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Published: Aug 09, 2023 4 min read
Photo-illustration of two houses made of dollar bills.
Olive Burd / Money; Getty Images

High interest rates and home prices are making mortgages significantly more expensive on a year-over-year basis, according to new analysis that confirms what many homeowners already know.

A recent report from real estate brokerage Redfin found that mortgage payments are up nearly 20% from last year. The hit to housing affordability has homeowners clinging to their current mortgage rates, resulting in a downturn in supply.

What the data says

  • For the typical U.S. homebuyer, monthly mortgage payments increased to $2,605 in the four weeks ending July 30, 19% higher than the same time last year — but that's just the average for the month. Costs reached an all-time high of $2,637 in early July.
  • Home prices have climbed, too. In July, the median home sale price posted the biggest increase since November, hitting $380,250. That’s a 3.2% higher than the previous year and another record-breaker for home prices.
  • Elevated mortgage bills are continuing to hurt market activity: The number of homes for sale last month was down 19%, the biggest decline in a year and a half, Redfin says.
  • New listings were down even more by 21% year-over year — but Redfin’s Homebuyer Demand Index (which measures early-stage demand by looking at buying services like requests for home tours) only decreased 4% from a year earlier.

Why it's important

Mortgage payments are ultra-high thanks to rising interest rates, which hit almost 7% last week. As a result, wannabe homebuyers are staying put to avoid having to take out the more expensive mortgages that would accompany a new home purchase. Sellers are also being sidelined as homeowners stay locked into their comparatively low rates.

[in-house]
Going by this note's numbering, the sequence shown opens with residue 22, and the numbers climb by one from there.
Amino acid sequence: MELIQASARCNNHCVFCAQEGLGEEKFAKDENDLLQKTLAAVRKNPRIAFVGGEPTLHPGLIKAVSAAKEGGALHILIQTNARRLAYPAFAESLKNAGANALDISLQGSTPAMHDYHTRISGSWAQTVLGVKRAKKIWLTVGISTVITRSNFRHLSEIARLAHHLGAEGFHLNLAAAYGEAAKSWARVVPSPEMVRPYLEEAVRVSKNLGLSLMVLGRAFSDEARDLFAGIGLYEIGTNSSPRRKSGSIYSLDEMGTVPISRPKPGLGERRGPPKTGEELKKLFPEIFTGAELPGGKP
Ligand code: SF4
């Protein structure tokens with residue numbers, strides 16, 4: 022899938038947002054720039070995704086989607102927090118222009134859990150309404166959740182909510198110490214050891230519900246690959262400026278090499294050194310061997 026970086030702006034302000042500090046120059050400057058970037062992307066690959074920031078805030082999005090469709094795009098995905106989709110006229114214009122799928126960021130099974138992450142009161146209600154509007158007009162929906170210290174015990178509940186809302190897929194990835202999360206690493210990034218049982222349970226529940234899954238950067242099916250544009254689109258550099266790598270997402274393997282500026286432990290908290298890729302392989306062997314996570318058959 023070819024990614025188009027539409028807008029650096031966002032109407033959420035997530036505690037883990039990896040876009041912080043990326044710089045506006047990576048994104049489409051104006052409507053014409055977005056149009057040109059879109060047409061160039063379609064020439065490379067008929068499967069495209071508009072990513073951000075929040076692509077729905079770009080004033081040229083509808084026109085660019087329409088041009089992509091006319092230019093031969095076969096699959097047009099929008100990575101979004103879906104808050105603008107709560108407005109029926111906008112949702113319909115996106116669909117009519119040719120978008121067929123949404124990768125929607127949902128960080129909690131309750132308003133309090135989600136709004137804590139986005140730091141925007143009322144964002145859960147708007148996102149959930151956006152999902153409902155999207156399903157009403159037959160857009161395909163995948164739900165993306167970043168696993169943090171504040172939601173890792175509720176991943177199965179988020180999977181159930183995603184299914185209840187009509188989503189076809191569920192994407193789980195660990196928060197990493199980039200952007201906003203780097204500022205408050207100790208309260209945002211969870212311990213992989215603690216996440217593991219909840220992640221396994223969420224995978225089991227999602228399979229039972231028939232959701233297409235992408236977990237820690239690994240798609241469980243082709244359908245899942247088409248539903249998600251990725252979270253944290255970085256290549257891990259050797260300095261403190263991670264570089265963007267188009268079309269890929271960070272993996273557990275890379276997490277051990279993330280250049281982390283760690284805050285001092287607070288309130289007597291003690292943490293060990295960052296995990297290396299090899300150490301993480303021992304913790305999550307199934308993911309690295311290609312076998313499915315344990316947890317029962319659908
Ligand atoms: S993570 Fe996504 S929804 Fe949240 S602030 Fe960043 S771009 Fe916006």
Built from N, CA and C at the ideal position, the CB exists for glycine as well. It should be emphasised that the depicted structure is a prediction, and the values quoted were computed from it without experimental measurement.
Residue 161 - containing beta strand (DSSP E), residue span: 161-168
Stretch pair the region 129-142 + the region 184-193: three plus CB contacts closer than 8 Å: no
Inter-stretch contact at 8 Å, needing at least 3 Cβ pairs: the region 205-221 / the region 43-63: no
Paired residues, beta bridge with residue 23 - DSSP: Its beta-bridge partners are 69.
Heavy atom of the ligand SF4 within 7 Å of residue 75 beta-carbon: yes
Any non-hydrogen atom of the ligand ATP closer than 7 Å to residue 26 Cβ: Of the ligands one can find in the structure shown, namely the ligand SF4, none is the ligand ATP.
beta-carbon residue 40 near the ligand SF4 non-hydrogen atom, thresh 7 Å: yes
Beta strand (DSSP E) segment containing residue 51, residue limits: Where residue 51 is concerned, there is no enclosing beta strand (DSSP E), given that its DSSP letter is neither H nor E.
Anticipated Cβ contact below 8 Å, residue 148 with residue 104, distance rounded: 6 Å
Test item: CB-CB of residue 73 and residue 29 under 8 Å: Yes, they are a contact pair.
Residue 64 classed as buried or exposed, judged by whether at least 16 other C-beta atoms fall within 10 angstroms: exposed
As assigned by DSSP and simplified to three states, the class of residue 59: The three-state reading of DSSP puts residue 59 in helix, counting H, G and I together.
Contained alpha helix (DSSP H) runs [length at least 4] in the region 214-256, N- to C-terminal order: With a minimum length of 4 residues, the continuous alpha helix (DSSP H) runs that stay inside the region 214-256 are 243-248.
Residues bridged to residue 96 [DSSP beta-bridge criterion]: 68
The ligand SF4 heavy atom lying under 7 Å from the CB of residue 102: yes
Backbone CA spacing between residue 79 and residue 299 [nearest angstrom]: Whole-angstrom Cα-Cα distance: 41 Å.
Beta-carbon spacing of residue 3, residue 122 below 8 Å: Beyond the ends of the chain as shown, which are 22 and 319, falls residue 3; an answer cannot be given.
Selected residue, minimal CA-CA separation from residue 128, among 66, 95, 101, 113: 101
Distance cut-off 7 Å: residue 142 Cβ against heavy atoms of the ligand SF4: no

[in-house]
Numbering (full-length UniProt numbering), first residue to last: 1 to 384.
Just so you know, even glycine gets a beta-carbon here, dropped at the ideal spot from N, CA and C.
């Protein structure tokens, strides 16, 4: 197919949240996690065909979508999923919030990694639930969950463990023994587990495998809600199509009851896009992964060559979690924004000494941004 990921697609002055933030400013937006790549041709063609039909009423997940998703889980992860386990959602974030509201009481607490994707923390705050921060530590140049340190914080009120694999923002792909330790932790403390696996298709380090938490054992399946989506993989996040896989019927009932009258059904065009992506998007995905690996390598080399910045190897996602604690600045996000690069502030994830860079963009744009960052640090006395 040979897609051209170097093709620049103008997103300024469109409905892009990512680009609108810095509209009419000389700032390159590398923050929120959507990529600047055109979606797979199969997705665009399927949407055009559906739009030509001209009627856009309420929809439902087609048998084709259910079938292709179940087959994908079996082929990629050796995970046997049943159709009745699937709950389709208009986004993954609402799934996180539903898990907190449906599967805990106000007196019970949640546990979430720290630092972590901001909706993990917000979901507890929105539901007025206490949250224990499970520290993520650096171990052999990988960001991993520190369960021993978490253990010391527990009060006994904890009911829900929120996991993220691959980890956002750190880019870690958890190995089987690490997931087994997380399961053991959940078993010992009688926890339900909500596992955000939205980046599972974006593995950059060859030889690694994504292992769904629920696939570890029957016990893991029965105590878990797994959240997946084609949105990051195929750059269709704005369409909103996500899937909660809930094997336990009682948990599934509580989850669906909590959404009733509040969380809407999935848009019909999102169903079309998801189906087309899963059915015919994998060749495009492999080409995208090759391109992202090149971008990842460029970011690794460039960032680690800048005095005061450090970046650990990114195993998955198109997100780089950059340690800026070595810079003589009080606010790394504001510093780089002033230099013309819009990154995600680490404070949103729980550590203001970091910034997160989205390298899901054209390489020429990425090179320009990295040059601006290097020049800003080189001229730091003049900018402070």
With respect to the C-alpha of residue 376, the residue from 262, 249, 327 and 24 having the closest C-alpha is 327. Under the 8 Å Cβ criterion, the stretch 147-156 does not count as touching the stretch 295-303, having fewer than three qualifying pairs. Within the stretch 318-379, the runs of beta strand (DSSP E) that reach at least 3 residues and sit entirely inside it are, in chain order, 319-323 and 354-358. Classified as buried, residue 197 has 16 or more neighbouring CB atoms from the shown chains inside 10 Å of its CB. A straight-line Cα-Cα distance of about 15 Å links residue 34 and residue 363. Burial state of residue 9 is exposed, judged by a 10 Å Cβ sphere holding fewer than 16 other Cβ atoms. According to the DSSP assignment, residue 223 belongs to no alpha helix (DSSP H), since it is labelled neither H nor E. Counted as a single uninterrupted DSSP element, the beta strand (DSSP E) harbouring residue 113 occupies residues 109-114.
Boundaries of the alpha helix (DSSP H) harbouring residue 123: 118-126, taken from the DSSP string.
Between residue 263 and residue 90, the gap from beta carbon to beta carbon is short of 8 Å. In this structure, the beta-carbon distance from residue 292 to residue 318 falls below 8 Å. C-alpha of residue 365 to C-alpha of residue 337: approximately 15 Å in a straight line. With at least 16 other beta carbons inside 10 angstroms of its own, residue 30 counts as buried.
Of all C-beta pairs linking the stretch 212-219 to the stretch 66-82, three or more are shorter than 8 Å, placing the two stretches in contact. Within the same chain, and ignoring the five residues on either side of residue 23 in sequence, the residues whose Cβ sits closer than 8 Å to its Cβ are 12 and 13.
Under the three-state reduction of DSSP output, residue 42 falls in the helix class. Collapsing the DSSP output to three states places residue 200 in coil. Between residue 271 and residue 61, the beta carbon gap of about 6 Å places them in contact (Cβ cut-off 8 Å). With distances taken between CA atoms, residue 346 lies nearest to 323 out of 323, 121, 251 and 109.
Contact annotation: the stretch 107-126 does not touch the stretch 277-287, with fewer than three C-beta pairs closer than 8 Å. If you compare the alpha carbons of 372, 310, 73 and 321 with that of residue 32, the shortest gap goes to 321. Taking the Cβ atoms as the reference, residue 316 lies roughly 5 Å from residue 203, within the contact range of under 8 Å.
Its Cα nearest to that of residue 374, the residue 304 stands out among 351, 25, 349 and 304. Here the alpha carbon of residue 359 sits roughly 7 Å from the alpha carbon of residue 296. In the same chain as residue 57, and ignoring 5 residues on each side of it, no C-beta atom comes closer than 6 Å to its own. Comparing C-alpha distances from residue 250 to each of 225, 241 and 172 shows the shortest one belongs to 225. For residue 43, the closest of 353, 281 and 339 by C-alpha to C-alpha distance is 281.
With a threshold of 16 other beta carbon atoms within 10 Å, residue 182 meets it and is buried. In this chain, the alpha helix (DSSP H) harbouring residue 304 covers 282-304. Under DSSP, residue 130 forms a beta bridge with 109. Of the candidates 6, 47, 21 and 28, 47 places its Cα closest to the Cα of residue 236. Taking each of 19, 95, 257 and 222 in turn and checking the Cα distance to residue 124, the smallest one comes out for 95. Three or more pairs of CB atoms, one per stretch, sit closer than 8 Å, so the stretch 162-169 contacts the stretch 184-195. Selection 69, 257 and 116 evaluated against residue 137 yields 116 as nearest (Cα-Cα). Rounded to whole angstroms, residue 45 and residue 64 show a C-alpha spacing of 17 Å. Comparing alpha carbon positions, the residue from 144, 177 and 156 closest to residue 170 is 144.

Even with fewer homebuyers on the market, Redfin’s Homebuyer Demand Index shows still a disconnect between supply and demand in which homebuyers are at a greater disadvantage. In fact, other research from Redfin shows that homebuyers have lost an astounding $60,000 in purchasing power this year thanks to high mortgage rates and their impact on inventory.

“High rates are also sidelining prospective buyers, but not as much as they’re deterring would-be sellers,” Redfin's August report says.

Low inventory is pushing home prices even higher, making this year an especially unaffordable time to buy a house — and unfortunately for buyers, it doesn’t look like circumstances will improve within the year. In Freddie Mac’s July economic, housing and mortgage outlook, the real estate authority said that thanks to mortgage rate lock-in pushing would-be sellers out of the market, it’s unlikely that a steady supply of existing homes will come on the market any time soon.

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